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Status and the potential of stingless bees (Apidae: Meliponinae) for forest conservation and income generation: case study of Kakamega forest

Joseph MACHARIA student laureate
j.macharia86@gmail.com

°1975 Kenya
Master in Zoology, Jomo Kenyatta University of Agriculture and Technology, Nairobi, Kenya, 2008

Status and the potential of stingless bees (Apidae: Meliponinae) for forest conservation and income generation: case study of Kakamega forest

As pollinators bees play an invaluable role in protecting biodiversity and in the cultivation of many types of crop. The Kakamega forest, an important habitat for the stingless bee in Kenya, is under threat from human activity (which includes logging for firewood and construction, hunting, etc.). Despite policy measures to protect the forest, these activities continue, not least because the local population has few other means of livelihood.
The main objective of Joseph Kimunge Macharia’s study was to show, by means of a case study, how conservation areas can be better managed in collaboration with the local community, based on the economic advantages that conservation gives them. He explains clearly how protecting biodiversity goes hand in hand with poverty alleviation and economic development in rural areas. He examines the conservation status and characteristics of the stingless bee in the Kakamega forest, the composition and antibacterial activity of the honey, and searches for methods that would facilitate the domestication of these bees. He focuses on the medicinal use of their honey, since as yet no international quality standards have been developed for stingless bee honey as a food product. This requires further research into the properties of the honey. In the meantime a honey database has been set up to further the study of the composition of honey produced by Kenya’s various types of stingless bee.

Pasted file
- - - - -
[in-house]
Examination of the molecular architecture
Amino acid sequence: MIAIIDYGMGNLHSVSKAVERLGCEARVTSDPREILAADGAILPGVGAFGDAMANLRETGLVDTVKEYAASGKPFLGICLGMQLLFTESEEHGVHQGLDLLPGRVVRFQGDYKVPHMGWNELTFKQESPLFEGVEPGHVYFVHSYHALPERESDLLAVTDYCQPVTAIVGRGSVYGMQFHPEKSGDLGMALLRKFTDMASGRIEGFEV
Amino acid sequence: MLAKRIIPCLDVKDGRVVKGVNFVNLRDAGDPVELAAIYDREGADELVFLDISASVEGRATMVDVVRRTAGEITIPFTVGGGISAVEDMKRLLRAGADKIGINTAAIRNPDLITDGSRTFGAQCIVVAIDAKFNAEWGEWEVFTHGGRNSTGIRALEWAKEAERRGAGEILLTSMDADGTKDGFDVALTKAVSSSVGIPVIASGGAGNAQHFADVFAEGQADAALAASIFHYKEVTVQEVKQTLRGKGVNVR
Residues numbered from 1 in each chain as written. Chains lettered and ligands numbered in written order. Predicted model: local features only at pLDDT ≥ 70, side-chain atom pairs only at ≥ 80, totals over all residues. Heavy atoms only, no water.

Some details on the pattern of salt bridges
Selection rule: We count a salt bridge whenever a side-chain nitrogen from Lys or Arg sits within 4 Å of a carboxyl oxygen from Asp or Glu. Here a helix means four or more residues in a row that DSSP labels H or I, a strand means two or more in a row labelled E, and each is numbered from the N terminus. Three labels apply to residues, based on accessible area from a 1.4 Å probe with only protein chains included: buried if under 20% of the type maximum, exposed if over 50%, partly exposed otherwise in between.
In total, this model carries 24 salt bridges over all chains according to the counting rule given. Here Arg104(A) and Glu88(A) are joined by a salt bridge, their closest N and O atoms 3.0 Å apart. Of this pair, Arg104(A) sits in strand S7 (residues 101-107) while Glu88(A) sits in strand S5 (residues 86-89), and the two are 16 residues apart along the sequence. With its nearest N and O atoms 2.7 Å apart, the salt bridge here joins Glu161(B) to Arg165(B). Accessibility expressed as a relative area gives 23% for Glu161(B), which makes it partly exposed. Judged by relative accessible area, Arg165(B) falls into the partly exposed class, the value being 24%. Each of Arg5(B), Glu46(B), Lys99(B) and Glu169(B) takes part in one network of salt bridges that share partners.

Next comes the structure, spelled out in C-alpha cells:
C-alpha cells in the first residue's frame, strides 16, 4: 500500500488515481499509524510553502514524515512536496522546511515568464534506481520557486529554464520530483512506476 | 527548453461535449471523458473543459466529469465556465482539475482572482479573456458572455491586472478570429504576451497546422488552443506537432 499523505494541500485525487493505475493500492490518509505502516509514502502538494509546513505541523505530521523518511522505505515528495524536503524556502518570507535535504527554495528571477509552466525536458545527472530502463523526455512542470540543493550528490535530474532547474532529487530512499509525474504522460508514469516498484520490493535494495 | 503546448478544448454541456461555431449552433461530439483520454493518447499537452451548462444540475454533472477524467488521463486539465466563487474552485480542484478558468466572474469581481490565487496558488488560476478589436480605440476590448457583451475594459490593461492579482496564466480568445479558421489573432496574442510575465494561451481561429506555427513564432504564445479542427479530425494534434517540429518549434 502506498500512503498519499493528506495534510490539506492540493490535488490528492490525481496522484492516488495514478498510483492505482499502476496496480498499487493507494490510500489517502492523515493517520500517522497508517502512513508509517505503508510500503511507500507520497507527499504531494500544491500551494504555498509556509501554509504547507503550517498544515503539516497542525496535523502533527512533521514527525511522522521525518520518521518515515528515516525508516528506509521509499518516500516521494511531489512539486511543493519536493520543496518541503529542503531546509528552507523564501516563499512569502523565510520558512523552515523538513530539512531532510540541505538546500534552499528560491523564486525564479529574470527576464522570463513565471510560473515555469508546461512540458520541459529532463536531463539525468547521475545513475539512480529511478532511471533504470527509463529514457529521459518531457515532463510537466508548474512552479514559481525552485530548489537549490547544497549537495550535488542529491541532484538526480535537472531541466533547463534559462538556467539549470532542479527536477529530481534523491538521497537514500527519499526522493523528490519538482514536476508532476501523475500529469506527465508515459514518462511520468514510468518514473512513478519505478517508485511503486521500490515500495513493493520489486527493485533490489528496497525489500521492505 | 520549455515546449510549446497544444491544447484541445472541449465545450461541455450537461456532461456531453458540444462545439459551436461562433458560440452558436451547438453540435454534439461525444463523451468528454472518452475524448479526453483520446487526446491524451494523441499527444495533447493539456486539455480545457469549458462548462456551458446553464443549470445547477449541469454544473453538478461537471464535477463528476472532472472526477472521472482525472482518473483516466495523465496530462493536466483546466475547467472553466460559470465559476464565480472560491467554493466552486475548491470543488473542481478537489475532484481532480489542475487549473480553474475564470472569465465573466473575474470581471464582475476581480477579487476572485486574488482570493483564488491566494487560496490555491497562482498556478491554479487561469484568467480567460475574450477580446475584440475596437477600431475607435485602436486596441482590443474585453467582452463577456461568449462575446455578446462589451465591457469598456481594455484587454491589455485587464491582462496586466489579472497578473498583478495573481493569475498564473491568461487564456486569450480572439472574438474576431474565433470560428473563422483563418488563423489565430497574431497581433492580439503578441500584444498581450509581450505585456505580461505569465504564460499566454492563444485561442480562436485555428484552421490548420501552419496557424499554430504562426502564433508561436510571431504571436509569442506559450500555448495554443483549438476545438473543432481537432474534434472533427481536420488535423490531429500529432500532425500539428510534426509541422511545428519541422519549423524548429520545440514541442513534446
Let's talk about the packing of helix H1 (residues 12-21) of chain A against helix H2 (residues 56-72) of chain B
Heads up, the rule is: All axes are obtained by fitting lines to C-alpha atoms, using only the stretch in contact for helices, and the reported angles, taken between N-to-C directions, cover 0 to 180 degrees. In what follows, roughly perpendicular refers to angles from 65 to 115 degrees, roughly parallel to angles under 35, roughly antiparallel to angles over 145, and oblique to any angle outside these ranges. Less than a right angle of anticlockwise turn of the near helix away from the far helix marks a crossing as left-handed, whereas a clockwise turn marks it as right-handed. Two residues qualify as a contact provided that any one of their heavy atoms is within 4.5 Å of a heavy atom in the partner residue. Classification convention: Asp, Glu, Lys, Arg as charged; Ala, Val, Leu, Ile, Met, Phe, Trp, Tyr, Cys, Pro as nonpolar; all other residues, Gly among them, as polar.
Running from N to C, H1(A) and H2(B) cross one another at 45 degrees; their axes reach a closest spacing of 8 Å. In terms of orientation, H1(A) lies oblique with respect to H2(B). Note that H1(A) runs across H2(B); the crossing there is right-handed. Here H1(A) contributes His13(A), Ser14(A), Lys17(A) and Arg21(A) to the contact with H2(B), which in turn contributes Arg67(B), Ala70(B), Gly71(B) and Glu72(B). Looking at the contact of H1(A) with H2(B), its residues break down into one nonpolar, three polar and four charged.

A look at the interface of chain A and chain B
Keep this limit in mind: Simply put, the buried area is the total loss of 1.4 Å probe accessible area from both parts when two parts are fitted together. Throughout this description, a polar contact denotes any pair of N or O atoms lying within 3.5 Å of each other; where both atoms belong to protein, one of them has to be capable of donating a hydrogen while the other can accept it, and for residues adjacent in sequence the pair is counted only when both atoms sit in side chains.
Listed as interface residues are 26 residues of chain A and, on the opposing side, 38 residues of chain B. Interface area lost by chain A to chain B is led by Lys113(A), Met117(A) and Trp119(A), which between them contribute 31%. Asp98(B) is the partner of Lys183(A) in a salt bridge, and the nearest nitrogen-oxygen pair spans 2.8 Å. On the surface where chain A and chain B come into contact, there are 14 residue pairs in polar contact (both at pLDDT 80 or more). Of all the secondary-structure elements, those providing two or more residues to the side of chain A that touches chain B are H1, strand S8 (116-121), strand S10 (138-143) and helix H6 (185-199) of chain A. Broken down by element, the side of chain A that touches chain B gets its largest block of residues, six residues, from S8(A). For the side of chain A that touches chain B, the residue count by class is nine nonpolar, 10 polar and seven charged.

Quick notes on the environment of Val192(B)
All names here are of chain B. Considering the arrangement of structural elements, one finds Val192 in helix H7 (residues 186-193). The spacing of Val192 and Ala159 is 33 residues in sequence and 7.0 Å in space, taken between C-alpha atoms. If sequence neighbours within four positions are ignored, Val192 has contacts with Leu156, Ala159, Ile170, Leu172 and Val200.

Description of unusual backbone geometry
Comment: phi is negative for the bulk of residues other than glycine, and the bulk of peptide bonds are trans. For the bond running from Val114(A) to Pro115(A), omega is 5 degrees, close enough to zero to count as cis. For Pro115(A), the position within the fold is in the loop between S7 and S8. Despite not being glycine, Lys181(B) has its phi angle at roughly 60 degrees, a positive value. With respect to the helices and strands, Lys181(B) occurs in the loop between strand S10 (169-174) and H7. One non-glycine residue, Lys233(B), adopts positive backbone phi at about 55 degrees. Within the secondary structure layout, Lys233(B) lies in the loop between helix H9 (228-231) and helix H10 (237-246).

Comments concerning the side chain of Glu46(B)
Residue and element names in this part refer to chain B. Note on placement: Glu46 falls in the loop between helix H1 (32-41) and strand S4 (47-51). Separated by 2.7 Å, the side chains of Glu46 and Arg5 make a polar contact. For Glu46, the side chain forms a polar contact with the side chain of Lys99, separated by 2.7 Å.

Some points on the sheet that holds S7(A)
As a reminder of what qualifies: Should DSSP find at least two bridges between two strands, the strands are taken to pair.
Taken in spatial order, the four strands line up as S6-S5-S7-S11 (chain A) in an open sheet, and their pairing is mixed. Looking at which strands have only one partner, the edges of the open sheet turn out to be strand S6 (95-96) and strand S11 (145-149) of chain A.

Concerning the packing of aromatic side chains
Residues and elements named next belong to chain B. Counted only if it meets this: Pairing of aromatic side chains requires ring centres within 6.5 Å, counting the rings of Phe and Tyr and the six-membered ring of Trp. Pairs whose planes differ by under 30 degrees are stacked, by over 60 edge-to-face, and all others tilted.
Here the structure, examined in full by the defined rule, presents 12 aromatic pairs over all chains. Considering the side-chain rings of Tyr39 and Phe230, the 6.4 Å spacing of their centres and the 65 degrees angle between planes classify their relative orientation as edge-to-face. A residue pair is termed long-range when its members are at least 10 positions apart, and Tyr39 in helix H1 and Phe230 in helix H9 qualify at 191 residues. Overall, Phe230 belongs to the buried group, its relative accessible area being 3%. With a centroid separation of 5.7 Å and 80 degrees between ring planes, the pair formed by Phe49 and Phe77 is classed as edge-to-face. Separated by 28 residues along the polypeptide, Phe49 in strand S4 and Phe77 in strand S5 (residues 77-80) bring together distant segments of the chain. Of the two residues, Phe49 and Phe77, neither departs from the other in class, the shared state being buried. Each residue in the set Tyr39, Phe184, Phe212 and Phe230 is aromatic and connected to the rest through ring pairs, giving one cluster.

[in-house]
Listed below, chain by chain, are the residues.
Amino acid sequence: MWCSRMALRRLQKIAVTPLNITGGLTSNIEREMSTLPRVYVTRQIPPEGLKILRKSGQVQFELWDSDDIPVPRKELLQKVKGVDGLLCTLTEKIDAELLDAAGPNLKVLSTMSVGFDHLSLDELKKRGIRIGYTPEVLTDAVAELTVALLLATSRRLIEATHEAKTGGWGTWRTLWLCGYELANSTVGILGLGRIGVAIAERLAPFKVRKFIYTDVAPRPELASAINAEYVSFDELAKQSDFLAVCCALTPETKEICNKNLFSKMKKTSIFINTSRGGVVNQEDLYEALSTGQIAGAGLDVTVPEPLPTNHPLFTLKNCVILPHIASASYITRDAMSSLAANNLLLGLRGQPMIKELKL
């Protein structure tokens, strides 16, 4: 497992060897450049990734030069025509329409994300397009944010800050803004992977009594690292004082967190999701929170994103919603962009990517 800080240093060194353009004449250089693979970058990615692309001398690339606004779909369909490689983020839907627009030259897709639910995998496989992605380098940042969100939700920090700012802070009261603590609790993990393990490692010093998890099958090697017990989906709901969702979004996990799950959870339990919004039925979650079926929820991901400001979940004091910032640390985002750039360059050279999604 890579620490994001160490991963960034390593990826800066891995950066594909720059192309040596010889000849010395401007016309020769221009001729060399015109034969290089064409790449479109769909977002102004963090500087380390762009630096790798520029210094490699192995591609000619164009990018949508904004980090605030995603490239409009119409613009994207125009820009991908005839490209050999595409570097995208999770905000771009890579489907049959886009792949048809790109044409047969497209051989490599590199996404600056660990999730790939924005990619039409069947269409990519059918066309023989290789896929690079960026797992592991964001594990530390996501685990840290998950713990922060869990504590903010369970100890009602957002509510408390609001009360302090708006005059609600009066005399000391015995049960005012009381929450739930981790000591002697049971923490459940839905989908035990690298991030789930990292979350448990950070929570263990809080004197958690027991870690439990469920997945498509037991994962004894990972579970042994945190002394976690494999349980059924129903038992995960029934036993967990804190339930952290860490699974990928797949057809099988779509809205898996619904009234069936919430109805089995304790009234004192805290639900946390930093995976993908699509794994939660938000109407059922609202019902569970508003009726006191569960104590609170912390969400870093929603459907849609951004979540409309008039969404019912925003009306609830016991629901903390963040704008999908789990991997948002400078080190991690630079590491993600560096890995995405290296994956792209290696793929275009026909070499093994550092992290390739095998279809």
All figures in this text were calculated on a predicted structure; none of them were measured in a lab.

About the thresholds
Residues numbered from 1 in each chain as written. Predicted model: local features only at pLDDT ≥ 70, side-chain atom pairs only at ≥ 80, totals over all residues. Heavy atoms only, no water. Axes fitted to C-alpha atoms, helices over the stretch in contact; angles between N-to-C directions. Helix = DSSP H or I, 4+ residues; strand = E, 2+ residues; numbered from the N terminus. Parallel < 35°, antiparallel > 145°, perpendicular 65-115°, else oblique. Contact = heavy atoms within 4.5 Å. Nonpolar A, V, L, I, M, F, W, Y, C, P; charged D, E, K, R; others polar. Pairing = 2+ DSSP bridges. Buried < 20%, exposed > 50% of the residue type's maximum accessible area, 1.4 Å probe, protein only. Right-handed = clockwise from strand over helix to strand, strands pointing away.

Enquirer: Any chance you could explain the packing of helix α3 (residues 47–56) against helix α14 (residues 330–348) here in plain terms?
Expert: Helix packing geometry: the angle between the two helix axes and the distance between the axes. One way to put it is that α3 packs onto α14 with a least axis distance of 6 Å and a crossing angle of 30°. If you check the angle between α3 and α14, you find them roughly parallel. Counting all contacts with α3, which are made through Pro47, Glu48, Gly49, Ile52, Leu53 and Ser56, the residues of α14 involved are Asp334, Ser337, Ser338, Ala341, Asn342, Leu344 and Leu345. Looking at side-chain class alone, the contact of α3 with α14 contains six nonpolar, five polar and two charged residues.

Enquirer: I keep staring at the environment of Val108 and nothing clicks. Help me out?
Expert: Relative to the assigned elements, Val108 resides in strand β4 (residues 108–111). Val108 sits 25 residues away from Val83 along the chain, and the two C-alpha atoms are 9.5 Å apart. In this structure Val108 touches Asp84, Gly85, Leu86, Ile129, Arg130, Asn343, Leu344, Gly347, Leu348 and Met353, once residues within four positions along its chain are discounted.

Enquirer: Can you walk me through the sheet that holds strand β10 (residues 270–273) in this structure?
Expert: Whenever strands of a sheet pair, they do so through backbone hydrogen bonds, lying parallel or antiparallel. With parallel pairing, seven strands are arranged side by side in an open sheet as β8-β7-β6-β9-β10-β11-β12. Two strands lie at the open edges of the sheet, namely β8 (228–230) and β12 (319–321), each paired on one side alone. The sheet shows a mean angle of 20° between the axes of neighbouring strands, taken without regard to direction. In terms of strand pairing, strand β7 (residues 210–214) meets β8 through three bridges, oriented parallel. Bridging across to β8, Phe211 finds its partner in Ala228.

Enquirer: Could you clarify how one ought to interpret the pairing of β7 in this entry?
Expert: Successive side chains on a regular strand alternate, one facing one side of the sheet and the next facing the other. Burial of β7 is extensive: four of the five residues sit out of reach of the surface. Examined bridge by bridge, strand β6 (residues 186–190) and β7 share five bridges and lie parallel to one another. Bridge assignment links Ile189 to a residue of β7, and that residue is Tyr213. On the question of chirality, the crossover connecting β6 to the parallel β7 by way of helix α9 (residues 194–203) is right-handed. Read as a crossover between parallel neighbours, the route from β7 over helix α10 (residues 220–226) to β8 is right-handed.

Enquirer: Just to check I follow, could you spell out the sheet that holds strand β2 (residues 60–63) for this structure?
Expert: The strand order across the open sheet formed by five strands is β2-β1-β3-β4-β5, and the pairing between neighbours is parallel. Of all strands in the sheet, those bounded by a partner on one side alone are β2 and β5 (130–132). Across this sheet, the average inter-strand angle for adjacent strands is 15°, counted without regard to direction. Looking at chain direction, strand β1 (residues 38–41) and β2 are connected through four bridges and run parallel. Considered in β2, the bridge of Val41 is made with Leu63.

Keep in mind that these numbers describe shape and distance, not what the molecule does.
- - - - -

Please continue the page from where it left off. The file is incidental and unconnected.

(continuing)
Throughout his thesis Macharia makes constant reference to the knowledge and experience of the local community and the possibilities for economic diversification that meliponiculture would offer them. This is vital if sustainable methods of stingless beekeeping are to be developed, for ultimately it is the local community who must be involved in the daily conservation of the forest and the bee.
Macharia’s study is not only a significant initiative in potentializing meliponiculture but also contributes to the protection of these insects, which play a crucial part in the pollination of agricultural crops and native plants. And in so doing, it also contributes indirectly to a better conservation of the forest in the studied area.
 

report: Annemarie Van der Avort, International Environmental Policy and Agricultural Research, Directorate-General for Development Cooperation, Brussels